What will Star Valley do with a gutted three-story piecemealed home, a barn, a well and five acres?
The town council isn’t quite sure, but figures the $200,000 bankruptcy sale was too good a deal to pass up. At Tuesday’s meeting, the council agreed to push any decision on using the land to November when the first quarter budget numbers are in and the town has completed master plans for the water system and streets. Those plans could influence how much money the town has to fix up the property.
Until then, the home, at 3615 E. Highway 260 (just west of town hall), will sit boarded up and empty, with “NO TRESPASSING” signs warning off curious residents.
One resident, Ray Lyons, half jokingly suggested Tuesday the council hold meetings in the barn, with wood logs used for seating.
Kidding aside, the council agreed buying the home was a sound decision, given property like it doesn’t come around too often.
Possibilities include retrofitting it for a new, larger town hall (with ample parking) and using the barn for storage of water department supplies. Councilors said they had other ideas too, but would wait to share them when the council nailed down the budget.
Currently, the town is working on master plans for the newly acquired water system and the area’s streets. How much each of those projects will cost could influence how much money the town has to fix up the home.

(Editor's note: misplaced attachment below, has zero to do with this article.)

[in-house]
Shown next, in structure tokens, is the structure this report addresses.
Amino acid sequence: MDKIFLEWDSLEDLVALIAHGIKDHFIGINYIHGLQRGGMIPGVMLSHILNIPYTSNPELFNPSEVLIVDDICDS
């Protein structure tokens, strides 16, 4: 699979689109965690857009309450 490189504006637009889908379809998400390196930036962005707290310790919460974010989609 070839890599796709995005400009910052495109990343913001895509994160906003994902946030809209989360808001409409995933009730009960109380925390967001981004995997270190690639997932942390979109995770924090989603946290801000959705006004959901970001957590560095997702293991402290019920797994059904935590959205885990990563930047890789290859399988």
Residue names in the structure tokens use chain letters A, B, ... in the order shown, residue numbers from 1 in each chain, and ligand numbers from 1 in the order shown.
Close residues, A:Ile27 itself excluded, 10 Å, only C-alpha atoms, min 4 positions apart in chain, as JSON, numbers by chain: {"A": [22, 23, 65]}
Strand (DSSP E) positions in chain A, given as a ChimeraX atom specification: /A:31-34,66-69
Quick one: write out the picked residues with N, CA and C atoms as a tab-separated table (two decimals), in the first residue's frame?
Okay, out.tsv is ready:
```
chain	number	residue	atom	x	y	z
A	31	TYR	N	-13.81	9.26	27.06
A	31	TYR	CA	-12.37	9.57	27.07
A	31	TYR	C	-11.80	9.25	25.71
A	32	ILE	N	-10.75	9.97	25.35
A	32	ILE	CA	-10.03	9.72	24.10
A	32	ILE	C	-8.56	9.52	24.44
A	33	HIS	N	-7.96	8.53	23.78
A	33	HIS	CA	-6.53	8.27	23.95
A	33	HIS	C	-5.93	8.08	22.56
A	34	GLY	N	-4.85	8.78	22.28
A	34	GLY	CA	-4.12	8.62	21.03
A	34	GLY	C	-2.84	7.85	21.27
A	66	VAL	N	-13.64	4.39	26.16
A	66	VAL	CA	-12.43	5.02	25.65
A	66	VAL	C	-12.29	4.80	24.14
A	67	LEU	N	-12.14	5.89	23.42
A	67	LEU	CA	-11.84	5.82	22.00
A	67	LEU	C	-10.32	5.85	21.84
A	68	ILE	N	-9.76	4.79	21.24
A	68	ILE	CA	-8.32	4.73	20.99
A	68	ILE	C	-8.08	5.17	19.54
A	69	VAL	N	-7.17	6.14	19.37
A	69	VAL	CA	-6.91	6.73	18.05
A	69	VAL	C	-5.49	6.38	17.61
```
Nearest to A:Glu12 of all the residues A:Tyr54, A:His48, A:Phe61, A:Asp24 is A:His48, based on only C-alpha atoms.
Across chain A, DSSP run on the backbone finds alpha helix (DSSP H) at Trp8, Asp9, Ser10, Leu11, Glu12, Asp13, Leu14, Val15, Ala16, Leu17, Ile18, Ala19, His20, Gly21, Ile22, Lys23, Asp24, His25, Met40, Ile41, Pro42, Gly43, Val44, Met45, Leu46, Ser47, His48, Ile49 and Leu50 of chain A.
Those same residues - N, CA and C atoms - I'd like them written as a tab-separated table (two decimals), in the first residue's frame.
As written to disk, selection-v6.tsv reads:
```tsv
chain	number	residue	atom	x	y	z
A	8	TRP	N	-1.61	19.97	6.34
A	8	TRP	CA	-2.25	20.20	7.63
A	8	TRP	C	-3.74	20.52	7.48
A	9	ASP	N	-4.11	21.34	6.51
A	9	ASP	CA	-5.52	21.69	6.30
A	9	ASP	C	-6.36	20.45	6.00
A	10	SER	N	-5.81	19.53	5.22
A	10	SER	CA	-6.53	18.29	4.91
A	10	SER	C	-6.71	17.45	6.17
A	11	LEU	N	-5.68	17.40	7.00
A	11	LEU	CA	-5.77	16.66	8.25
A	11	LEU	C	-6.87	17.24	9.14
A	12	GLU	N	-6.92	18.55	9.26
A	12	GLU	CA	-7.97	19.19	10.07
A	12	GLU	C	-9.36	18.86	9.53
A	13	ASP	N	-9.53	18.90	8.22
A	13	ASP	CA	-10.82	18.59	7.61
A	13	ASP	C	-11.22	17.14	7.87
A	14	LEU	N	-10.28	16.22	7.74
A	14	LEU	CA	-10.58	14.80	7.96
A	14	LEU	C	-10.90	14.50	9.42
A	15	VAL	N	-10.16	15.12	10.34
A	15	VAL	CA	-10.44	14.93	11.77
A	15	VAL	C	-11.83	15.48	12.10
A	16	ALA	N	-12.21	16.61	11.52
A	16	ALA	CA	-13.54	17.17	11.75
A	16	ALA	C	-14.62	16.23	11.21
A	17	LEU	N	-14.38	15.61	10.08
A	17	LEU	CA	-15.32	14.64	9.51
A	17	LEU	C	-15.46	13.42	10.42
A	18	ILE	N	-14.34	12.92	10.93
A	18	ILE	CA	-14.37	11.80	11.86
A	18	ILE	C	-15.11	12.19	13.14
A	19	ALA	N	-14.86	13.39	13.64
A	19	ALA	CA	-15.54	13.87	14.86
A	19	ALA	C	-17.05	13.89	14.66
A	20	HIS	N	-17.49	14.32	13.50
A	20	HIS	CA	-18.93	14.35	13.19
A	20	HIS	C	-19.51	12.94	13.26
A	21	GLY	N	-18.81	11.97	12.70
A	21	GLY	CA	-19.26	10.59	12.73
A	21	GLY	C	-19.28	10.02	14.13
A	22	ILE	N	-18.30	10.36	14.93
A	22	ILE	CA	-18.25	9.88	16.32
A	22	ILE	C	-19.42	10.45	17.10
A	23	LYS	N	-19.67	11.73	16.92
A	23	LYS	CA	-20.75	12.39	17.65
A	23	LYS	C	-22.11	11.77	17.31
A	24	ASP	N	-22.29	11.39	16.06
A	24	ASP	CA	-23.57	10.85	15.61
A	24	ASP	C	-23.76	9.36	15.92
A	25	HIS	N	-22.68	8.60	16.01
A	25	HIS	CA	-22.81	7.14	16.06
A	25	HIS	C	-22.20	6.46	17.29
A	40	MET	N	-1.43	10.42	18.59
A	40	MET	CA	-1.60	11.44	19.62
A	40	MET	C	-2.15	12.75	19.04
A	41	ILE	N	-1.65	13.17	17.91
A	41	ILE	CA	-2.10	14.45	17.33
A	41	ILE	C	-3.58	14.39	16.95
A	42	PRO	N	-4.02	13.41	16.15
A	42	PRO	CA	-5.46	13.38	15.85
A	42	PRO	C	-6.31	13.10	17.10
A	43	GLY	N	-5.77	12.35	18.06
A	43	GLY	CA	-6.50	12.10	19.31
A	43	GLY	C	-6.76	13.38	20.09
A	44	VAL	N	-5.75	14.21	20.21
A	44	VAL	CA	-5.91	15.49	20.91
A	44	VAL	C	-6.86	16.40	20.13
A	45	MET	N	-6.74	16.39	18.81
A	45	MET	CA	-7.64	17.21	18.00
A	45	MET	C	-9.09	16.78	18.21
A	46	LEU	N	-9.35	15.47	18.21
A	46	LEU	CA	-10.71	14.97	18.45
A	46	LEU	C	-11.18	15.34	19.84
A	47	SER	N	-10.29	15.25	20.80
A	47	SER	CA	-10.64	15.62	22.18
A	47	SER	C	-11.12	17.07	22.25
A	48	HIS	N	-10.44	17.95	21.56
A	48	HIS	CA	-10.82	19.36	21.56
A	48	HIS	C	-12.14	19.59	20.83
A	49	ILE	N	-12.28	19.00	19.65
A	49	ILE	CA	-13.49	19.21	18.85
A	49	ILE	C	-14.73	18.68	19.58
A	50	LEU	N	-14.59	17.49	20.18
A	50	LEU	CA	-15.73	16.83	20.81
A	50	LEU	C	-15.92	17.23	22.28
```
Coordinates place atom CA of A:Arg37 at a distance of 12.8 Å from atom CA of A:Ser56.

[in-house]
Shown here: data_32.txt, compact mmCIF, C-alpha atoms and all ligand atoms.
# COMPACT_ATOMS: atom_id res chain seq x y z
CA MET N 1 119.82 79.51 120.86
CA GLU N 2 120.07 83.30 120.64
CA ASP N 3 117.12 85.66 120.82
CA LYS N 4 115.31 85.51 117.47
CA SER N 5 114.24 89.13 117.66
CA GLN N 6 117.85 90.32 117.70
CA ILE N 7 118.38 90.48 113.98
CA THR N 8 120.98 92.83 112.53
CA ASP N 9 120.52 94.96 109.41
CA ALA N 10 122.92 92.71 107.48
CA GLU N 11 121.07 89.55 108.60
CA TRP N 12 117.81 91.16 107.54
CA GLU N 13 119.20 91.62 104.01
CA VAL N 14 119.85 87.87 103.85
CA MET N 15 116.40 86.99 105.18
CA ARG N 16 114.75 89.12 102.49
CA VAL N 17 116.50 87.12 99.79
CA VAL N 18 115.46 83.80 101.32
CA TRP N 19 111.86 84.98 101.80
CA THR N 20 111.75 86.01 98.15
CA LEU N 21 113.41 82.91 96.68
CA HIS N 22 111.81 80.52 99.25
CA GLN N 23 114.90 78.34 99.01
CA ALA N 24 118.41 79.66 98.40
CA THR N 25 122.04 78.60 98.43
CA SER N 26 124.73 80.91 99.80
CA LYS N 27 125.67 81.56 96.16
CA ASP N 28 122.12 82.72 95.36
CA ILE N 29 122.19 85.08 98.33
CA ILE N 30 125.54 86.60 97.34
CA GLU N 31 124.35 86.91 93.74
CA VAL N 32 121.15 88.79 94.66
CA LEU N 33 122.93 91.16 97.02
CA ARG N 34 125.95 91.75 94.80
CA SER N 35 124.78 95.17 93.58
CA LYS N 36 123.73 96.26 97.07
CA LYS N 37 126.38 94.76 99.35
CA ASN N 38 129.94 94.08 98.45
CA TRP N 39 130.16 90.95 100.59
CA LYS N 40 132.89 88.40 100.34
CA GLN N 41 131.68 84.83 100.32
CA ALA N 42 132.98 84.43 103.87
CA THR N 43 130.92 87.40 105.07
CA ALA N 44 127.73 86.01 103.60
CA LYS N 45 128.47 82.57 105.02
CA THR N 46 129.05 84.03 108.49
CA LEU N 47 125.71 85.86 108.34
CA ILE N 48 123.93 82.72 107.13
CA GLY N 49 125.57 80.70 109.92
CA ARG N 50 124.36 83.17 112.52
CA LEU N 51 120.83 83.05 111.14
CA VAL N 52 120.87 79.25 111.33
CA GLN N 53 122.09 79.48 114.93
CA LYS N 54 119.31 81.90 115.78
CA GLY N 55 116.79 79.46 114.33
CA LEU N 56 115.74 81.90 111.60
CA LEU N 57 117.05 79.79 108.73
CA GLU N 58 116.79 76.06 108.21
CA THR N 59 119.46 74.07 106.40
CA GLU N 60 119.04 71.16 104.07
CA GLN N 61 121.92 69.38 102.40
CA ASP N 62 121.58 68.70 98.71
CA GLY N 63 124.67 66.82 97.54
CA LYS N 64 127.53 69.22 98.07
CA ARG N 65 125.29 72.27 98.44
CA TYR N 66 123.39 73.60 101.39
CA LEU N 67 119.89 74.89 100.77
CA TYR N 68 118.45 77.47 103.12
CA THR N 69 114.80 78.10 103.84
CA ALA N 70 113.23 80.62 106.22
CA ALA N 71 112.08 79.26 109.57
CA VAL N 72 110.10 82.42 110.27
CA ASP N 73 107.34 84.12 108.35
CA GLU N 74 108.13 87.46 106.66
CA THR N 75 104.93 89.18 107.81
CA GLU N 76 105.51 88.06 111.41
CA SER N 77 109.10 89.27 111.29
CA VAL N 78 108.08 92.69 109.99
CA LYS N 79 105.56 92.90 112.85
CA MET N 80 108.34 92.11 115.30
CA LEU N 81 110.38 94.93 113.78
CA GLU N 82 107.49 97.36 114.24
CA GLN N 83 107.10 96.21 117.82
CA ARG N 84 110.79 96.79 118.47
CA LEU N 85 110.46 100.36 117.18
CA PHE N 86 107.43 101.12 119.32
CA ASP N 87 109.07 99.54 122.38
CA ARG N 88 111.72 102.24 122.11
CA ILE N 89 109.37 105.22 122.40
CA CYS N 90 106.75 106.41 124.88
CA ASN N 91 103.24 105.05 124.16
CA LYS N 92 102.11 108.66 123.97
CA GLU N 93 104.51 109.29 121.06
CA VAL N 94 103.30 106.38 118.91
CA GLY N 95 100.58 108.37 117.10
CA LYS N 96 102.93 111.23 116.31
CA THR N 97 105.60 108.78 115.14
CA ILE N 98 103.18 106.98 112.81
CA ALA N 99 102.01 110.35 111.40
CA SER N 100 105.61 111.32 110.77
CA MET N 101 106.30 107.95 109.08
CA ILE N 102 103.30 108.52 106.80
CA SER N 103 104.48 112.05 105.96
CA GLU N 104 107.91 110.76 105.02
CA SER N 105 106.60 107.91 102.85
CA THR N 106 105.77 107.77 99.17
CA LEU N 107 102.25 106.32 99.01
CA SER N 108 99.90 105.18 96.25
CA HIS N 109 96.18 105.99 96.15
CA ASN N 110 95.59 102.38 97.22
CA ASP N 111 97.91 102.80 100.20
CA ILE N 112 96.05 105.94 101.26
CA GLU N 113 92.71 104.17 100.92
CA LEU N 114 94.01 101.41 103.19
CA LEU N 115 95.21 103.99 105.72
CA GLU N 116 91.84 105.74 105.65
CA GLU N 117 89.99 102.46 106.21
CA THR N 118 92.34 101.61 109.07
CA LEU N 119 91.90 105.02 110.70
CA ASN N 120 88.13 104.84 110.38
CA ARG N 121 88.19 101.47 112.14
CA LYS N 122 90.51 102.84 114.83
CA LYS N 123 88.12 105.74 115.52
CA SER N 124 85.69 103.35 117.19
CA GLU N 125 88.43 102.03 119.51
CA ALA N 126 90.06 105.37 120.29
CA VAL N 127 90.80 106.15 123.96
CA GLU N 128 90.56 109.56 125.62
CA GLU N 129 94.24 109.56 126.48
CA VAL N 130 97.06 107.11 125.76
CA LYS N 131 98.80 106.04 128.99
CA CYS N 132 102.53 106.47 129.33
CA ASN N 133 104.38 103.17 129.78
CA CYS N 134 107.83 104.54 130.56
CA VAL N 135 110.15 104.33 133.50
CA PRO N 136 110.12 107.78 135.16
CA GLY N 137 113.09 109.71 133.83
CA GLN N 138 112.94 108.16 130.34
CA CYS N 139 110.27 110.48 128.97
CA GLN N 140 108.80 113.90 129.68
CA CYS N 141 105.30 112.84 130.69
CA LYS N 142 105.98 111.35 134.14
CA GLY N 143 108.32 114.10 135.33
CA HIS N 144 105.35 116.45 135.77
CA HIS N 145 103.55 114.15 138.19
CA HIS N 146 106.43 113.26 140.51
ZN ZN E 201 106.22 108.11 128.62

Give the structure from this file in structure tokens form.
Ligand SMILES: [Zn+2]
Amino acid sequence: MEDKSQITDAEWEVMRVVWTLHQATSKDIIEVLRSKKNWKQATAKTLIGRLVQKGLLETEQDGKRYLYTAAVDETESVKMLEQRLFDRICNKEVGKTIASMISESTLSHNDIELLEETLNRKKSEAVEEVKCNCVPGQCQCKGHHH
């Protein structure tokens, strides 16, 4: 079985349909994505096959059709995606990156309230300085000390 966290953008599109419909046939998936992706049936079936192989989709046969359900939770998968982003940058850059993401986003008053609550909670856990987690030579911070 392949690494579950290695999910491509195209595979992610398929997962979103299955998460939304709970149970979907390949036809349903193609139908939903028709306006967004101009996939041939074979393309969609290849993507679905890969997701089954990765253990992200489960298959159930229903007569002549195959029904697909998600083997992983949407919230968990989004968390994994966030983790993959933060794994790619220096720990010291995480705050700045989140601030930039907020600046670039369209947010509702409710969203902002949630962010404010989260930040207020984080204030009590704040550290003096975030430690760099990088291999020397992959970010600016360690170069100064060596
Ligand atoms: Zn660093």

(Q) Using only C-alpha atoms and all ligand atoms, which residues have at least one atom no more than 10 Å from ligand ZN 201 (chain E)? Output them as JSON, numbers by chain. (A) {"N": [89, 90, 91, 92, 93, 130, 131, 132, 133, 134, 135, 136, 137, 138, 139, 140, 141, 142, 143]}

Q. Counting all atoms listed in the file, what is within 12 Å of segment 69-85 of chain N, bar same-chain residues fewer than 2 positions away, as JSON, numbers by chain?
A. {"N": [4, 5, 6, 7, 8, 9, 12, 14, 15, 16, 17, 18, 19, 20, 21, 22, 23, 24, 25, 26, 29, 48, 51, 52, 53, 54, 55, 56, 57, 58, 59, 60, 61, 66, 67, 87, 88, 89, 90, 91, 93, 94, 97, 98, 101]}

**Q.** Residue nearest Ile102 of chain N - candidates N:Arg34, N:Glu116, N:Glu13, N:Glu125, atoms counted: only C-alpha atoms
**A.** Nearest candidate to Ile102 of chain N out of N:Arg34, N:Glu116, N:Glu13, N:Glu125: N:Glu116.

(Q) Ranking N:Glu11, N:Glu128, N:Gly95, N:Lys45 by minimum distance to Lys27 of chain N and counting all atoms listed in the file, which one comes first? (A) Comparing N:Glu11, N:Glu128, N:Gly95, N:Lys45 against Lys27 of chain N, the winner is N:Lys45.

Early estimates already indicate the town will need to spend $95,000 a year to maintain the roads over the next five years.
If the town can’t use the property now, councilors said there is the possibility of renting it to Glen McCombs, Plant Fair Nursery owner, who has reportedly expressed an interest.
McCombs told Councilor Vern Leis that the well on the property was one of the best in the area.
Robert Rippy, water department operator, said he couldn’t find any information on the well and didn’t know what its output was or if it was even usable.
Almost immediately after buying the property May 3, the town put insurance on it and had Rippy put up signs and a gate securing it.
“Securing it was paramount,” said Leis.
The home had reportedly belonged to one family for some time. When the owner passed, the family took on the property, but ran into financial difficulties, Rippy said.
Before the auction, someone gutted the home, taking the ceiling, plumbing and even the white rocks out front that spelled “SV.”
The home, which has numerous additions, is usable in its current state, Rippy said.
The council agreed that it needed the plans in hand before it made any decision on the home.
Councilor Gary Coon said there was no reason to rush into doing something.
New Mayor Ronnie McDaniel agreed, saying while the property needs a lot of work, it is a good deal for the town.